When he arrives at this point, the young artist ought to have such a love of his instrument, as to believe implicitly that it is the most beautiful of all; and he-will truly have reason to think thus, and he ought to be encouraged in his conviction, for in reality there is not a single instrument that is not superior in some respects to all the others ; it is this very thing that he ought to see and try to put in evidence. Such an attitude of mind is excellent, and is more favourable than anything else to the blossoming of the great talent of the virtuoso.
Another important matter of attention should be rhythm, and this also from the very beginning to the end of the studies, for a tottering rhythm gives the hearer a kind of discomfort, which he cannot always account for, but which deprives him of a great part of his pleasure. " Play in time," said Schumann, " the playing of many virtuosi resembles the staggering of a drunken man." I will add to this a personal observation which everybody can verify : it is that those irritating persons, who have that detestable mania when walking and talking of stopping every five or six steps to make their argument sink deeper into the mind of their interlocutor, and at need holding the victim by the button of his coat, are always devoid of the rhythmic sense. As for these, we can quickly get rid of them by going another way, or by jumping into a carriage, but it is much more difficult to escape from a musician who is determined to play you his favourite piece, and if he does not play it in time, he subjects you to a veritable torment. Independently of all other more artistic considerations, we may say that to play in time is the politeness of music, just as to speak intelligibly and to write legibly are the acts of a good education. These comparisons seem to me quite just, for all music played in bad rhythm thereby becomes unintelligible, or at least exacts from the listener a mental tension that rapidly becomes painful and fatiguing.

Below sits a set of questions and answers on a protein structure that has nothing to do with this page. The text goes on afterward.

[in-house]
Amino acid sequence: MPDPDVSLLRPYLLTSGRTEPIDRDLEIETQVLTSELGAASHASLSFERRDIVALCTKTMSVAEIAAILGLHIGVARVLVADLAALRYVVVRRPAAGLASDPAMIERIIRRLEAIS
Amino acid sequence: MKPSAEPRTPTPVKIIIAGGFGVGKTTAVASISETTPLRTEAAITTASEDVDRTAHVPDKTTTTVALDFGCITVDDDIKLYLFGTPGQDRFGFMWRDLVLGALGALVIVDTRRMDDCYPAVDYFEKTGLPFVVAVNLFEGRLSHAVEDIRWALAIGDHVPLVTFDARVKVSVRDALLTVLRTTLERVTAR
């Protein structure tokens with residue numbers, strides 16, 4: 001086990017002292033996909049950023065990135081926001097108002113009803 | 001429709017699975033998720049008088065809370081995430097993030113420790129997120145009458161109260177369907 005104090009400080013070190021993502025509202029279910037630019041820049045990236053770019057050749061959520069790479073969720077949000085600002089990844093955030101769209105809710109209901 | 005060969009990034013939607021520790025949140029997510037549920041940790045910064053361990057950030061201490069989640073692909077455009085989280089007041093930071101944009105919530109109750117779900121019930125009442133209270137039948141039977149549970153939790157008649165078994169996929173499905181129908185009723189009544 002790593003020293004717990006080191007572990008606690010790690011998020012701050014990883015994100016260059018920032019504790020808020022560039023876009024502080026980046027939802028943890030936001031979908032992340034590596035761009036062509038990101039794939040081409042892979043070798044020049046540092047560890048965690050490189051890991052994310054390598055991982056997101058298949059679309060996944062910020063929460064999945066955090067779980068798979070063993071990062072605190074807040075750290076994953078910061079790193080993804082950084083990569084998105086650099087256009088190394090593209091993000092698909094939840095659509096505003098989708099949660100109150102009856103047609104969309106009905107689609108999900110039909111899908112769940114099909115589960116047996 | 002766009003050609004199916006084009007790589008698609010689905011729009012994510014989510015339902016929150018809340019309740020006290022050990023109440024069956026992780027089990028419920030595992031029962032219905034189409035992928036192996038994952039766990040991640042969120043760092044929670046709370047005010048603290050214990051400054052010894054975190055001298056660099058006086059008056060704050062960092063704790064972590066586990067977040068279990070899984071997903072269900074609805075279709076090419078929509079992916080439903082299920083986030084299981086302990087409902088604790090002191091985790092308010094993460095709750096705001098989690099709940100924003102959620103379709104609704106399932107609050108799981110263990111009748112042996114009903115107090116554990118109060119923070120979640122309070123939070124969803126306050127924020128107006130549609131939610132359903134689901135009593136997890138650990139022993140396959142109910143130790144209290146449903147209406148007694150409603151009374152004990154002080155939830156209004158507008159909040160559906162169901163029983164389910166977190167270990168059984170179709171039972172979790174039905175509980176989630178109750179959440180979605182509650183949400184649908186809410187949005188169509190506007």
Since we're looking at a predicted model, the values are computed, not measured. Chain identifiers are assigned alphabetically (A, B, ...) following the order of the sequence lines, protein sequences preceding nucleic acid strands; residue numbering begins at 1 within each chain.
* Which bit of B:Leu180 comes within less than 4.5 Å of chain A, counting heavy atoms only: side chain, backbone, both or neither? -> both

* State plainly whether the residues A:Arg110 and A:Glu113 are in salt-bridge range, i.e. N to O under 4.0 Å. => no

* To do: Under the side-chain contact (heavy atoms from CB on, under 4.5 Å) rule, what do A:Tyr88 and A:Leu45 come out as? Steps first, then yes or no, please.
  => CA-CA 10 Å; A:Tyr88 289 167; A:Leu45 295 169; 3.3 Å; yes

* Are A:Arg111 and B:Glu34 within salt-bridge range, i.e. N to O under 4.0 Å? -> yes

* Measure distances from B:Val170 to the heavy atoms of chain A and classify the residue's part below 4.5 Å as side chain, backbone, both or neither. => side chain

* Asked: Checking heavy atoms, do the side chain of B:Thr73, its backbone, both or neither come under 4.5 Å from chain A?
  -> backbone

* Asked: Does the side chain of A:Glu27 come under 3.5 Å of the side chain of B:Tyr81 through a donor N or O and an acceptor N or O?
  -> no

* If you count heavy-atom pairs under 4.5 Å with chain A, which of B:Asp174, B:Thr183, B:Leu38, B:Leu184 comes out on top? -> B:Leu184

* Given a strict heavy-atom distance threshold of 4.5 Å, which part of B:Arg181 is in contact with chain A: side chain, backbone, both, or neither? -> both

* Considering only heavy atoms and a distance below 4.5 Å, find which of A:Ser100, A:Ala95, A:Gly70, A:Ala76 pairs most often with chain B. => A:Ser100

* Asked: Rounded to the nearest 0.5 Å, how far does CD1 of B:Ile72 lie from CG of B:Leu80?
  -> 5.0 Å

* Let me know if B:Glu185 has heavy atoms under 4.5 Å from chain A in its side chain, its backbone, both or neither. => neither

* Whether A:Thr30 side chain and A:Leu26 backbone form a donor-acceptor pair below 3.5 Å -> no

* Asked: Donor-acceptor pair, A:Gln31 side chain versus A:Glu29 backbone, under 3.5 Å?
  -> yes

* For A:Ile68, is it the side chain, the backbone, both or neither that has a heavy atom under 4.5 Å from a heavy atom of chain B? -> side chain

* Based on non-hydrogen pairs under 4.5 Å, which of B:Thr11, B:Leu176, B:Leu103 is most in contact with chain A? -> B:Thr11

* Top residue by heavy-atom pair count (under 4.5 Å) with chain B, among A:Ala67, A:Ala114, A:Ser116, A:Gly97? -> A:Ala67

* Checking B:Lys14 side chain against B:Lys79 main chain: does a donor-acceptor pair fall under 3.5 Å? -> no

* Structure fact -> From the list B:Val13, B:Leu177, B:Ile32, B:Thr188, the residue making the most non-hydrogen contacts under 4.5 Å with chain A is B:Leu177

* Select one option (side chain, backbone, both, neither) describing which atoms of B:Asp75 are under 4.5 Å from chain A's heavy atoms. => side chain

A piece of music, no matter what it is, should stand plumb as a building, and architects are not in the habit of often taking for models the Leaning Tower of Pisa or those of Bologna, which are not for a moment interesting except as curiosities. Rhythm is the breaking up of musical time into parts more or less long or short, but strictly proportional; time is the absolute equality, in duration, of all the notes of the same value. We then can play in time while giving the rhythm in an incomplete manner ; but we can-not produce correct rhythm without playing perfectly in time,
It is seldom that the feeling for time is not instinctive ; for really, almost everybody walks nearly in time; but when this exact feeling does not exist naturally and in a sufficient degree, it can be developed by the exercise of a well measured walk, by counting the steps as in a military march : one, two; or one, two, three, four; also by the dance. (It may be remarked, in passing, that that pretended rhythmic difficulty, which frightens beginners at the piano and which is called three two or two three is solved unconsciously by the least accomplished dancers in the two-step Valse, simply because no one ever dreamed of telling them that it was a difficulty ; while the orchestra is playing in three time, they are dancing in two ; for this, it is sufficient for them to fix their attention only upon the first beat of the music, which at each return, coincides with their own first beat.)
We can also cultivate this faculty by means of a prudent use of the metronome, which is nothing more or less than a clock beating the fractions of seconds with a mathematical and inflexible regularity. This inflexibility, however, which constitutes its whole value, becomes a fault if we abuse this mechanical device, and communicates an unpleasing rigidity to the pupil. This is why, although recommending its usage in certain cases, we believe that its employ should be limited.